28. 28. OWASP A4 - XML External Entities - Application Accepts XML Directly ● Since the server accepts XML directly, the attacker can upload malicious XML. ● For example, this attacker attempts to extract data from the server using this source code ○ <?xml version=”.-”encoding=”ISO-8859-1”?> <!DOCTYPE foo [ <!ELEMENT foo ANY > <!ENTITY xxe SYSTEM “file:///etc/passwd” >]> <foo>&XXE;</foo> ● While this source code may not work on every application, it is an example of how easy it is for an attacker to upload malicious code when application accept XML directly 28
  29. 29. OWASP 29 A4 - XXE - Try It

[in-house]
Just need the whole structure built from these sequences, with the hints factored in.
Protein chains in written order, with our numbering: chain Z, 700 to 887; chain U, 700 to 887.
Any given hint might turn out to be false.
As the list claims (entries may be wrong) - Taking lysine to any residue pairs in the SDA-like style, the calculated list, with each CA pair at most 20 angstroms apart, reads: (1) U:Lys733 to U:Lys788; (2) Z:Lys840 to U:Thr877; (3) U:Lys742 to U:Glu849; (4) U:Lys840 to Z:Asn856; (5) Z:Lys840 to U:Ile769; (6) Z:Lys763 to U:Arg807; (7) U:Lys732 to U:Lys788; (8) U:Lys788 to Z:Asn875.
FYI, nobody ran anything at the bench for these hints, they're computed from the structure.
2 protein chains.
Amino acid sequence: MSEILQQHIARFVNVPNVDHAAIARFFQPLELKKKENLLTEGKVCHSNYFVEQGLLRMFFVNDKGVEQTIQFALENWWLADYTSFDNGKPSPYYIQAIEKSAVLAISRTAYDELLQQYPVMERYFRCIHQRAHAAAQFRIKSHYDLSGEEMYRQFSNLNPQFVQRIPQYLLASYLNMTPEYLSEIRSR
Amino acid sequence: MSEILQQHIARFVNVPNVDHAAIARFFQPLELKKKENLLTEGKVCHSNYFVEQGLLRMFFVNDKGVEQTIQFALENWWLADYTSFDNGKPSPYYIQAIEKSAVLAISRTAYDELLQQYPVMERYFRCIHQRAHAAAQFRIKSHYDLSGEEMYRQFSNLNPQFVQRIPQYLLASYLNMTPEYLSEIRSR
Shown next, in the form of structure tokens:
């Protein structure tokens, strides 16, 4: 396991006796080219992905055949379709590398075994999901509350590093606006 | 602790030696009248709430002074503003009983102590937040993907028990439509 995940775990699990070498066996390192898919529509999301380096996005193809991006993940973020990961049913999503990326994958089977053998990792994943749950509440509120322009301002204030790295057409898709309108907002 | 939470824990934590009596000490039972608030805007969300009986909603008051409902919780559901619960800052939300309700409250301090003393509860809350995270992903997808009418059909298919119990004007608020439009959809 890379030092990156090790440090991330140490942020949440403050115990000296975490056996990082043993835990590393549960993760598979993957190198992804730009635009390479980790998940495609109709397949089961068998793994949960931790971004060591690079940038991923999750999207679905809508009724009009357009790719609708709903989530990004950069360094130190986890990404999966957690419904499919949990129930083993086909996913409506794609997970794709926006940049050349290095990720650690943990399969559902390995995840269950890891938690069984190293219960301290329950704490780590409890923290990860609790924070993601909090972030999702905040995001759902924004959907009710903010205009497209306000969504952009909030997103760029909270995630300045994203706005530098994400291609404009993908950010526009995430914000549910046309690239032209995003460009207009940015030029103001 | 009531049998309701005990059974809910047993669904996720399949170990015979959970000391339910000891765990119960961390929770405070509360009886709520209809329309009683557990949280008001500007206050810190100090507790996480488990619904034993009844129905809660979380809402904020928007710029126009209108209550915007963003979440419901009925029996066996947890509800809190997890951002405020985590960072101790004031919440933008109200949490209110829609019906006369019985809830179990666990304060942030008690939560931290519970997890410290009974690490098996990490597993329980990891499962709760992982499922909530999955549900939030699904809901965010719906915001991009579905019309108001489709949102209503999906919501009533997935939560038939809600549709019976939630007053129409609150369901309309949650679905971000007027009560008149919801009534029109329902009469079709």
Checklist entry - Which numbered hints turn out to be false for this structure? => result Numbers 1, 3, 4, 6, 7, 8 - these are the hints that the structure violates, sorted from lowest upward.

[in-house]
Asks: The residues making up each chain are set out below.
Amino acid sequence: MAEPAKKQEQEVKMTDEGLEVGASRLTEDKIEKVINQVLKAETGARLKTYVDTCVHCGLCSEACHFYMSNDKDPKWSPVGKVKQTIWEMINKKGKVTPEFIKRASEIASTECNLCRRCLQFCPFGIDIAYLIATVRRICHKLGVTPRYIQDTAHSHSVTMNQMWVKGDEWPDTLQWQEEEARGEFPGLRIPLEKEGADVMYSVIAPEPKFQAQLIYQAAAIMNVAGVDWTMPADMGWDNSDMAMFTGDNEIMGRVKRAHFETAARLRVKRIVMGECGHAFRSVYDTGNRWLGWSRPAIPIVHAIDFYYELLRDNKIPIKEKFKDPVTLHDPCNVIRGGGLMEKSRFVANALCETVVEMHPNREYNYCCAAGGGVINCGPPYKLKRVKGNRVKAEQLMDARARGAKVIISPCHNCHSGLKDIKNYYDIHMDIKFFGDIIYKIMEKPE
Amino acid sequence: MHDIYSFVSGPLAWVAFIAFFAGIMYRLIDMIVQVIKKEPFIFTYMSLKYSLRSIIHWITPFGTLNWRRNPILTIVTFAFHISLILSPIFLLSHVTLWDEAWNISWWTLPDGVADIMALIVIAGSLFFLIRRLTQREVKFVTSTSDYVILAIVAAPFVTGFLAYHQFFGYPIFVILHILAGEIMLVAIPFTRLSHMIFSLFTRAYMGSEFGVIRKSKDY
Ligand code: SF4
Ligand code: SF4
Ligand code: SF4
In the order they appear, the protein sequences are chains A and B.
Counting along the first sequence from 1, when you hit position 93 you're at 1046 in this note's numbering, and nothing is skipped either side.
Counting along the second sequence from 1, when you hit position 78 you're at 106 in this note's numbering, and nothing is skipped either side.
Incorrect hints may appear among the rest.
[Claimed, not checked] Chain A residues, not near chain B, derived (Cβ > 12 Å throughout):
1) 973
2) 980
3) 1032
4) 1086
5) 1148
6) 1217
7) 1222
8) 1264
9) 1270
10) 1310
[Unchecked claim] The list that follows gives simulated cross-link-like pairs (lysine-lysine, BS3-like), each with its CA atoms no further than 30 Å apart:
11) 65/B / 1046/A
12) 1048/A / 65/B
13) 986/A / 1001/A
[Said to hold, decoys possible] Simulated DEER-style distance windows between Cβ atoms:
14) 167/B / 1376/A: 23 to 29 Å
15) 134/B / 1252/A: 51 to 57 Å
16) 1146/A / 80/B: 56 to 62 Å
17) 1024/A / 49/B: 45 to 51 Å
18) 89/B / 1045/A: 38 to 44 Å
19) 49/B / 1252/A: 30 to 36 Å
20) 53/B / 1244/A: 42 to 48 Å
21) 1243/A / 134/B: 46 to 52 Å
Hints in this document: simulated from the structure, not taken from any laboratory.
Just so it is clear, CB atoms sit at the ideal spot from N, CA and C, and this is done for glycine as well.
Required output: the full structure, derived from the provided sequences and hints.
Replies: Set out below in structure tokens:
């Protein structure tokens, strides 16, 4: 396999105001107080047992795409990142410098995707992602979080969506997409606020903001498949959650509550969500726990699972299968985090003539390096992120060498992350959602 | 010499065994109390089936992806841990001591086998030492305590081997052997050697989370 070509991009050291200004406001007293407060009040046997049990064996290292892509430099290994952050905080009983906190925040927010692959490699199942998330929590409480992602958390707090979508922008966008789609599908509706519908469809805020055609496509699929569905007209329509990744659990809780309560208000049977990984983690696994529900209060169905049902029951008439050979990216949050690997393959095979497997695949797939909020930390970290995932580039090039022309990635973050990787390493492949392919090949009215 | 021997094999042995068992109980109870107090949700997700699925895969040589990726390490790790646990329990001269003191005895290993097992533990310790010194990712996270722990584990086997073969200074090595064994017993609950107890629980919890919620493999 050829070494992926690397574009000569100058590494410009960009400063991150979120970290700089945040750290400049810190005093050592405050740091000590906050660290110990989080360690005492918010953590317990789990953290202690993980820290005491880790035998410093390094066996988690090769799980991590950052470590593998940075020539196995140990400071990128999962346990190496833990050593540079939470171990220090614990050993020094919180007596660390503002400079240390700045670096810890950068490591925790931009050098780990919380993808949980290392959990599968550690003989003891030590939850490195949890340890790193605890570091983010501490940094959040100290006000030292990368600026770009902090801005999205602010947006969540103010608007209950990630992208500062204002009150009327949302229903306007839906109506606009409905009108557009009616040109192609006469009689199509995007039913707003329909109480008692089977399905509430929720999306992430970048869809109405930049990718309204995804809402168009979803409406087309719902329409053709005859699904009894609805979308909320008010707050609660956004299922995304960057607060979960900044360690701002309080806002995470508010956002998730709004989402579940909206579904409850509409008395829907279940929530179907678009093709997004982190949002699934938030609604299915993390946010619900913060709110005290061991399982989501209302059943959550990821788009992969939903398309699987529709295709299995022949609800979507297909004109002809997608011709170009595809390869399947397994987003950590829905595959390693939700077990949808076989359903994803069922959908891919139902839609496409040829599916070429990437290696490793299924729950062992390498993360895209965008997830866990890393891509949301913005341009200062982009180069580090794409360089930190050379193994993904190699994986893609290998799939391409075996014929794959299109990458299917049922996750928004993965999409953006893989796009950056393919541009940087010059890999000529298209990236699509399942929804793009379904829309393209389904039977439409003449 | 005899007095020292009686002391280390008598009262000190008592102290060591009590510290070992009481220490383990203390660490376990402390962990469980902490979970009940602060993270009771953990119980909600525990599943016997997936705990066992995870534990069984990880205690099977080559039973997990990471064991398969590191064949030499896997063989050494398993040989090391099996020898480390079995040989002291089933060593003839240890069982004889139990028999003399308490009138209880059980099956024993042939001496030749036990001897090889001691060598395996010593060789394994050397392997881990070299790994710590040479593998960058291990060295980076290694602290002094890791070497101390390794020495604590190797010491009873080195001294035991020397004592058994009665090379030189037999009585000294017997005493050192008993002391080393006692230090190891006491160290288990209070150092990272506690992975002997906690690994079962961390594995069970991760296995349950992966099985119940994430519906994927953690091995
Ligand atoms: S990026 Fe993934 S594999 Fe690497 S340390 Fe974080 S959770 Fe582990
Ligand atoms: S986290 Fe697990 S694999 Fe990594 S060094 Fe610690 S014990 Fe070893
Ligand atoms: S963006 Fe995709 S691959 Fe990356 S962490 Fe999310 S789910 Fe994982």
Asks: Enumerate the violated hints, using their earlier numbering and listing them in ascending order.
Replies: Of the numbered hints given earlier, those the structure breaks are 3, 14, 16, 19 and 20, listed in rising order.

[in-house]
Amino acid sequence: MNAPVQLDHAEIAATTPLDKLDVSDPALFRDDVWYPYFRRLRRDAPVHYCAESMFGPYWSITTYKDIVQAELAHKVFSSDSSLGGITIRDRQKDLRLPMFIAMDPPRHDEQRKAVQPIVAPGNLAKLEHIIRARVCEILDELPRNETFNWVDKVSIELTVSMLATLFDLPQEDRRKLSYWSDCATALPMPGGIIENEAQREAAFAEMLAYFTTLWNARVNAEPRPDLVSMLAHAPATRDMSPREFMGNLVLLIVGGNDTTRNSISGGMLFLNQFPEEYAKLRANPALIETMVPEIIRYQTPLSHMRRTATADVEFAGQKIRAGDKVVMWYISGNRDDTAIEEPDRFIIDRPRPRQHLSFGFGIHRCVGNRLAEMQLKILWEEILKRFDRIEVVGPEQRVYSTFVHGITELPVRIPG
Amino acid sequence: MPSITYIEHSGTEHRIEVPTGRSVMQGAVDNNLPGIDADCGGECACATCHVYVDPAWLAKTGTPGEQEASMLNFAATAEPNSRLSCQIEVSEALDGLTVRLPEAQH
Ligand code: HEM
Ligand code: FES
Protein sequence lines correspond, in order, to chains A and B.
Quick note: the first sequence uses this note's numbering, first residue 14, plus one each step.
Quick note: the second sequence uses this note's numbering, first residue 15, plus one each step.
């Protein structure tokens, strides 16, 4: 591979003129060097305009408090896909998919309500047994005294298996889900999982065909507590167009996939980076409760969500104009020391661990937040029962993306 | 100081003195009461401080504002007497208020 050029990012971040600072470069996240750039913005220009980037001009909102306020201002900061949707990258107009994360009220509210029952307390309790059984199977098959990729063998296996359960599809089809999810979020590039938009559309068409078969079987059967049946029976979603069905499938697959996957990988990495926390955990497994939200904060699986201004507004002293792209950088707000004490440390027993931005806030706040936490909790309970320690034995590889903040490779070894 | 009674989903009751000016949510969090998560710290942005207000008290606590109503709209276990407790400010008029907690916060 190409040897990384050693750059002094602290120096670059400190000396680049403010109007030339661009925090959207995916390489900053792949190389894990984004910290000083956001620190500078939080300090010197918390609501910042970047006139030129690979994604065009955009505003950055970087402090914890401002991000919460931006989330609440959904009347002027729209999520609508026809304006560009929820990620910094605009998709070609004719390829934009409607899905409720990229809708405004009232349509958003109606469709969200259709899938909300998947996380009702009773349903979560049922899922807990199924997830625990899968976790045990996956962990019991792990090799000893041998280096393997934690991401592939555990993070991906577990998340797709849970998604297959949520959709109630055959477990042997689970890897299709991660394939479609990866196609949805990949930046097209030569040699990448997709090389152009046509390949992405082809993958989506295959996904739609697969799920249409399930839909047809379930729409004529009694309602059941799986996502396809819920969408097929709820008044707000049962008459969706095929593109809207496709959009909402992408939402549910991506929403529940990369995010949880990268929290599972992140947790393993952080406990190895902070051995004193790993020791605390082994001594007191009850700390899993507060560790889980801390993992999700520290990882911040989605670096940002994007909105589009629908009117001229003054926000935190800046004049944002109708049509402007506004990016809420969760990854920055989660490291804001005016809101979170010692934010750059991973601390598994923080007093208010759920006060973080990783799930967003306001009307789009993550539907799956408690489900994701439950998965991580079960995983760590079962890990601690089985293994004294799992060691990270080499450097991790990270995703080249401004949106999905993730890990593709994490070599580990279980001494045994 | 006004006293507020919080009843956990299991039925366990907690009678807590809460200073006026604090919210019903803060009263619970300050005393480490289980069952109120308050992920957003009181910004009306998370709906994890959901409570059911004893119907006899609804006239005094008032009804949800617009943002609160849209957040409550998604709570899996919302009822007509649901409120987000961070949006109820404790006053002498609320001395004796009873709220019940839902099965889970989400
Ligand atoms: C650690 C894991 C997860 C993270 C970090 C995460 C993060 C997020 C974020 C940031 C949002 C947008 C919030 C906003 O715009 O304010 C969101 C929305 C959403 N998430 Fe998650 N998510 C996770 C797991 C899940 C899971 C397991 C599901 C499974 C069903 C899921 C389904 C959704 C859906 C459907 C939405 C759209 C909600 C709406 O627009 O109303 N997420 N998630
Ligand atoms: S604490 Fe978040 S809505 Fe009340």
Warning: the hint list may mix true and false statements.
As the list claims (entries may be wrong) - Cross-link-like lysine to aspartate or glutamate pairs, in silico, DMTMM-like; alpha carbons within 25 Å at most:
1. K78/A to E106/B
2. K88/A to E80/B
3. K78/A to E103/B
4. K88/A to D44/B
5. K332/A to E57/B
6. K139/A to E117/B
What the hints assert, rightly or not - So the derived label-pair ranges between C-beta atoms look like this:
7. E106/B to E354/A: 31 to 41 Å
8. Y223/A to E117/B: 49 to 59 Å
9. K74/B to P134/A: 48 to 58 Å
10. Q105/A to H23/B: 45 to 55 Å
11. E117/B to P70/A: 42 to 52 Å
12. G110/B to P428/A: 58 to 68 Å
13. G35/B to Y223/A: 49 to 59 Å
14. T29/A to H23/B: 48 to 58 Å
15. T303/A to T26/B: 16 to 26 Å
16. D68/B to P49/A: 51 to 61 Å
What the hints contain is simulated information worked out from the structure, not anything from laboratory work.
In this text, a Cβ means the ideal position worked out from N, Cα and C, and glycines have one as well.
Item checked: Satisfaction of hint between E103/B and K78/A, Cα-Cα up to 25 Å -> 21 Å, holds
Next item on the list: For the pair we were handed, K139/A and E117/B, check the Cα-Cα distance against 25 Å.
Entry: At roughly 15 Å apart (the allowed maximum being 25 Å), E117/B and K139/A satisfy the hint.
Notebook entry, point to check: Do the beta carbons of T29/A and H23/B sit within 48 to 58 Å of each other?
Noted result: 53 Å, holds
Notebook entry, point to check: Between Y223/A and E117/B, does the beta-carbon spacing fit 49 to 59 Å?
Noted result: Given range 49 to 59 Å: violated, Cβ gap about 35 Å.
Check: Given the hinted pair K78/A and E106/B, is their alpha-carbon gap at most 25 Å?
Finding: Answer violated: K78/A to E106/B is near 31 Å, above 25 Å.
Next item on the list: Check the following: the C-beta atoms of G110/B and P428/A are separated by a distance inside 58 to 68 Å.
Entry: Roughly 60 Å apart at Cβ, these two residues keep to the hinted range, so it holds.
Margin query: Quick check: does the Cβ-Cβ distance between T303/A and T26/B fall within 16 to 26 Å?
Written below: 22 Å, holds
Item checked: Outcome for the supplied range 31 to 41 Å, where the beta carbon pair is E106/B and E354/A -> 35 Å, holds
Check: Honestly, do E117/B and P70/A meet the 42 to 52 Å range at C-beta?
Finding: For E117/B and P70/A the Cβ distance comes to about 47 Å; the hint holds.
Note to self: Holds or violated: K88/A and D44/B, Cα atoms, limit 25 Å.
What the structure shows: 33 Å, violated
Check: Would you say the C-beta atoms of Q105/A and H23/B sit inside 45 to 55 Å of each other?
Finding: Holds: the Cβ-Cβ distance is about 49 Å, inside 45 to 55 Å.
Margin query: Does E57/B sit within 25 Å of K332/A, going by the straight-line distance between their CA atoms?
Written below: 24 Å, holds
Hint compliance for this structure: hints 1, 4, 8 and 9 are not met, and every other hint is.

30. 30. OWASP A4 - XML External Entities - DTDs ● DTDs are a template that set out the format and tag structure of an XML compliant document ● DTDs can allow DOS attacks such as Billion Laughs/XML Bomb ● For example, Billion Laughs would look something like this ○ <?xml version="1.0" encoding="utf-8"?> <!DOCTYPE lolz[ <!ENTITY lol "lol"> <!ENTITY lol1 "&lol;&lol;&lol;&lol;&lol;&lol;&lol;&lol;&lol;&lol;"> <!ENTITY lol2 "&lol1;&lol1;&lol1;&lol1;&lol1;&lol1;&lol1;&lol1;&lol1;&lol1;"> <!ENTITY lol3 "&lol2;&lol2;&lol2;&lol2;&lol2;&lol2;&lol2;&lol2;&lol2;&lol2;"> <!ENTITY lol4 "&lol3;&lol3;&lol3;&lol3;&lol3;&lol3;&lol3;&lol3;&lol3;&lol3;"> <!ENTITY lol5 "&lol4;&lol4;&lol4;&lol4;&lol4;&lol4;&lol4;&lol4;&lol4;&lol4;"> <!ENTITY lol6 "&lol5;&lol5;&lol5;&lol5;&lol5;&lol5;&lol5;&lol5;&lol5;&lol5;"> <!ENTITY lol7 "&lol6;&lol6;&lol6;&lol6;&lol6;&lol6;&lol6;&lol6;&lol6;&lol6;"> <!ENTITY lol8 "&lol7;&lol7;&lol7;&lol7;&lol7;&lol7;&lol7;&lol7;&lol7;&lol7;"> <!ENTITY lol9 "&lol8;&lol8;&lol8;&lol8;&lol8;&lol8;&lol8;&lol8;&lol8;&lol8;"> ]> <lolz>&lol9;</lolz> ● When an XML parser loads this attack, it sees the one element “lolz”, that contains the text “&lol9”, which is an expansion of “&lol8”, which is an expansion of “&lol7”, so on and so forth ● This block of XML actually contains 10⁹ “lol’s” (or one billion) and takes over 10 GB of memory 30